India has a variety of local community traditions of water harvesting. There are a number of scholars and activists who tend to valorise premodern wisdoms without critically evaluating their sociocultural context and realising how deeply they were embedded in the social hierarchy of their times. There has been, of course, a great deal of stress lately on a kind of "eco-golden age". This is clearly a case of an "anachronistic projection of modern phenomenon on to the screen of tradition". Seen from such a perspective, all pre-industrial societies would exhibit a kind of harmony with nature. However, most of the times, it was the demographic and technological factors that made these societies less harmful to the environment. It was not that they wished to protect the whole canopy of nature. This reappraisal demonstrates how precepts and rites, culture and customary practices and state policy interact to lay the bases of water harvesting traditions. Social customs are the necessary conditions for sustaining these traditions, while local autonomy in resource management is the critical sufficient condition but it never results in equitable access for all.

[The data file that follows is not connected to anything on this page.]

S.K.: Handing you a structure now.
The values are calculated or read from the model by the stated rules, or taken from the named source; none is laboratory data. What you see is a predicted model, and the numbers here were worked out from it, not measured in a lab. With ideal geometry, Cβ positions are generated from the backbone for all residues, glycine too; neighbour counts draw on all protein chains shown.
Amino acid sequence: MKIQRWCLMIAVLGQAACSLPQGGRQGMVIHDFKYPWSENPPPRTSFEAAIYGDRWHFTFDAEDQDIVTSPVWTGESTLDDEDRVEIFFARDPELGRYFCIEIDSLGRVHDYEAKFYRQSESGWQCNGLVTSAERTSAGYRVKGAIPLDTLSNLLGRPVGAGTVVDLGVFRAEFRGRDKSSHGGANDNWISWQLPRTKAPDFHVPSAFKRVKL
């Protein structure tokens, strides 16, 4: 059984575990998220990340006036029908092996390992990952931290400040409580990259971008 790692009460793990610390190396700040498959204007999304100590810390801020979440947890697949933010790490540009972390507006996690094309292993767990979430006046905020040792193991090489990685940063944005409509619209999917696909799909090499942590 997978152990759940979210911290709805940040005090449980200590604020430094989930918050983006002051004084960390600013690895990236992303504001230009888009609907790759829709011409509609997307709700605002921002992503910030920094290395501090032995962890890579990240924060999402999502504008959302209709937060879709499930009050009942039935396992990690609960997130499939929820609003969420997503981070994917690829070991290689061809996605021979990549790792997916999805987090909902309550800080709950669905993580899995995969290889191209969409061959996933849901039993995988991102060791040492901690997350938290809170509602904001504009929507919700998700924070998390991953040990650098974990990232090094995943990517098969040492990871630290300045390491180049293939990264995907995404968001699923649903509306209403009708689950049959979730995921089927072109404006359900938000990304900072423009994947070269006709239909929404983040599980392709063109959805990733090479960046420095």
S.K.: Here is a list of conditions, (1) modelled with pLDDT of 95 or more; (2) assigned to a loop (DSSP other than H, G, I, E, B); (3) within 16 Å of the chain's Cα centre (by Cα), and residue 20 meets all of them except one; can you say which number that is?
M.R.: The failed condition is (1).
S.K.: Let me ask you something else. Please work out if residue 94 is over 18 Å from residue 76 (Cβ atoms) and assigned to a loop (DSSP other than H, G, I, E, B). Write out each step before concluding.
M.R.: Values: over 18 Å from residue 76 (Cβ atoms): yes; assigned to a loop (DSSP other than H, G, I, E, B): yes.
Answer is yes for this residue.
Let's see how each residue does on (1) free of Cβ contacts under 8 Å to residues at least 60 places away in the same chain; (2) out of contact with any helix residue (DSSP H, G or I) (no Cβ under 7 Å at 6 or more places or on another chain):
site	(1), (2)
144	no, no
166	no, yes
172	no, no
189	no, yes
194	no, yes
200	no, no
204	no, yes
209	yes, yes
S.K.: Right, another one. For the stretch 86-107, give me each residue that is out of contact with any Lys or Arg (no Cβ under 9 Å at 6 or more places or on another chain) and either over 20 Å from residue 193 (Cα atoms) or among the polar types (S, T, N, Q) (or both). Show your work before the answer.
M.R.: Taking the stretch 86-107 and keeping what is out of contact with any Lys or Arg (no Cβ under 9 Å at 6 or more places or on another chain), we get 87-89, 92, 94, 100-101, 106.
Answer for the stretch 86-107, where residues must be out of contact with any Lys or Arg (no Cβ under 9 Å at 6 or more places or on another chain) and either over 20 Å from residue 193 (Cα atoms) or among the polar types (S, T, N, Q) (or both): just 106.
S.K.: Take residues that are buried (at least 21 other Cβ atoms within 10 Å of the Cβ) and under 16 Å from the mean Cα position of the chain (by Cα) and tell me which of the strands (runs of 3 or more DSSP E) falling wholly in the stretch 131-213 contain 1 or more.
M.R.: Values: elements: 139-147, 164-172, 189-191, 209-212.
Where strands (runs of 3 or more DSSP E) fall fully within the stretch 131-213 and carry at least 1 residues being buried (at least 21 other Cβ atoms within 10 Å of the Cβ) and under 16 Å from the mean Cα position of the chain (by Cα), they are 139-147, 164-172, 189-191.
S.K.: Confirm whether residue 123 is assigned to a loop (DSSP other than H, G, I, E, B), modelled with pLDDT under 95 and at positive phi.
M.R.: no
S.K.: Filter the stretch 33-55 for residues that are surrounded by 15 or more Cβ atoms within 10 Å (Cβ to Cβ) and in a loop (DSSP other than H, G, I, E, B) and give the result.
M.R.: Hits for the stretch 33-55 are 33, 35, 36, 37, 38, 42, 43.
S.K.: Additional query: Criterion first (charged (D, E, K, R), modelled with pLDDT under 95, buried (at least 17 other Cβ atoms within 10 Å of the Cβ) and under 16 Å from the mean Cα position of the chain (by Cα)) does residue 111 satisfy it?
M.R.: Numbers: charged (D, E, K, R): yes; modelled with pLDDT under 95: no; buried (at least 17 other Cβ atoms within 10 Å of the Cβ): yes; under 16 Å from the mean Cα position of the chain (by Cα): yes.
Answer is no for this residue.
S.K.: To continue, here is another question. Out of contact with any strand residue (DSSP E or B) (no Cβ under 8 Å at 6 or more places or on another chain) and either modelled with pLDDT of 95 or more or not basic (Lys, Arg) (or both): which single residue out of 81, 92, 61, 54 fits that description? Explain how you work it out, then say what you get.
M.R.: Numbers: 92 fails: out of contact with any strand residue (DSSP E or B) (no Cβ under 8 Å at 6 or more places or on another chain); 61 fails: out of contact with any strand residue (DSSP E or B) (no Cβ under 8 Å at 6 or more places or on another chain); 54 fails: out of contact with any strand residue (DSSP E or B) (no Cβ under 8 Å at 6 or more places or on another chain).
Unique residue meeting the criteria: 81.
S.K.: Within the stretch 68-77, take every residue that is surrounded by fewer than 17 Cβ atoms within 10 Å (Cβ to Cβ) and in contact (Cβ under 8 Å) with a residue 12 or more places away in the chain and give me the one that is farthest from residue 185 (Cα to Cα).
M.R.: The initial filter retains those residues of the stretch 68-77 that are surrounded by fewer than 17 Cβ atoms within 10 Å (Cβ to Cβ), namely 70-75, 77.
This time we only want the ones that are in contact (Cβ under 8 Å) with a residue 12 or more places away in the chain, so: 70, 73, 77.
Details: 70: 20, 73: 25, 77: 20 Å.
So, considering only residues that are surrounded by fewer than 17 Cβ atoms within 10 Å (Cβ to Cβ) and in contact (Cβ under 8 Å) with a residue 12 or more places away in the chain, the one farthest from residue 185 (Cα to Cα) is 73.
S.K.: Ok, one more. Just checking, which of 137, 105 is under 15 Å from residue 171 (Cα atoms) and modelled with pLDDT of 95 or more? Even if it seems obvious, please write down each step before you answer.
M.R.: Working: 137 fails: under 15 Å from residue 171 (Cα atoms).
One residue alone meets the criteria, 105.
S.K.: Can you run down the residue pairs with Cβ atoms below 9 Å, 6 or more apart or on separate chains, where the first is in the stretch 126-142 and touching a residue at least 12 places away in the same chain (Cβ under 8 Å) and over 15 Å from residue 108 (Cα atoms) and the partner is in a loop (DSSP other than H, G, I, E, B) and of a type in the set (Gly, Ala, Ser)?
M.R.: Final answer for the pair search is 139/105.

Farmers' Suicides in Punjab: A Census Survey of the Two Most Affected Districts

This is a report on the first-ever census survey conducted on suicides by farmers in the two most affected districts of Punjab, Sangrur and Bhatinda. It tries to arrive at the number of farmer suicides, the reasons (whether they were caused by economic distress alone or they were due to the interplay of the forces of economic distress, social conflict, cultural backwardness and lack of community/state support) and also the present economic status of the families of the victims.

Spread and Economics of Micro-irrigation in India: Evidence from Nine States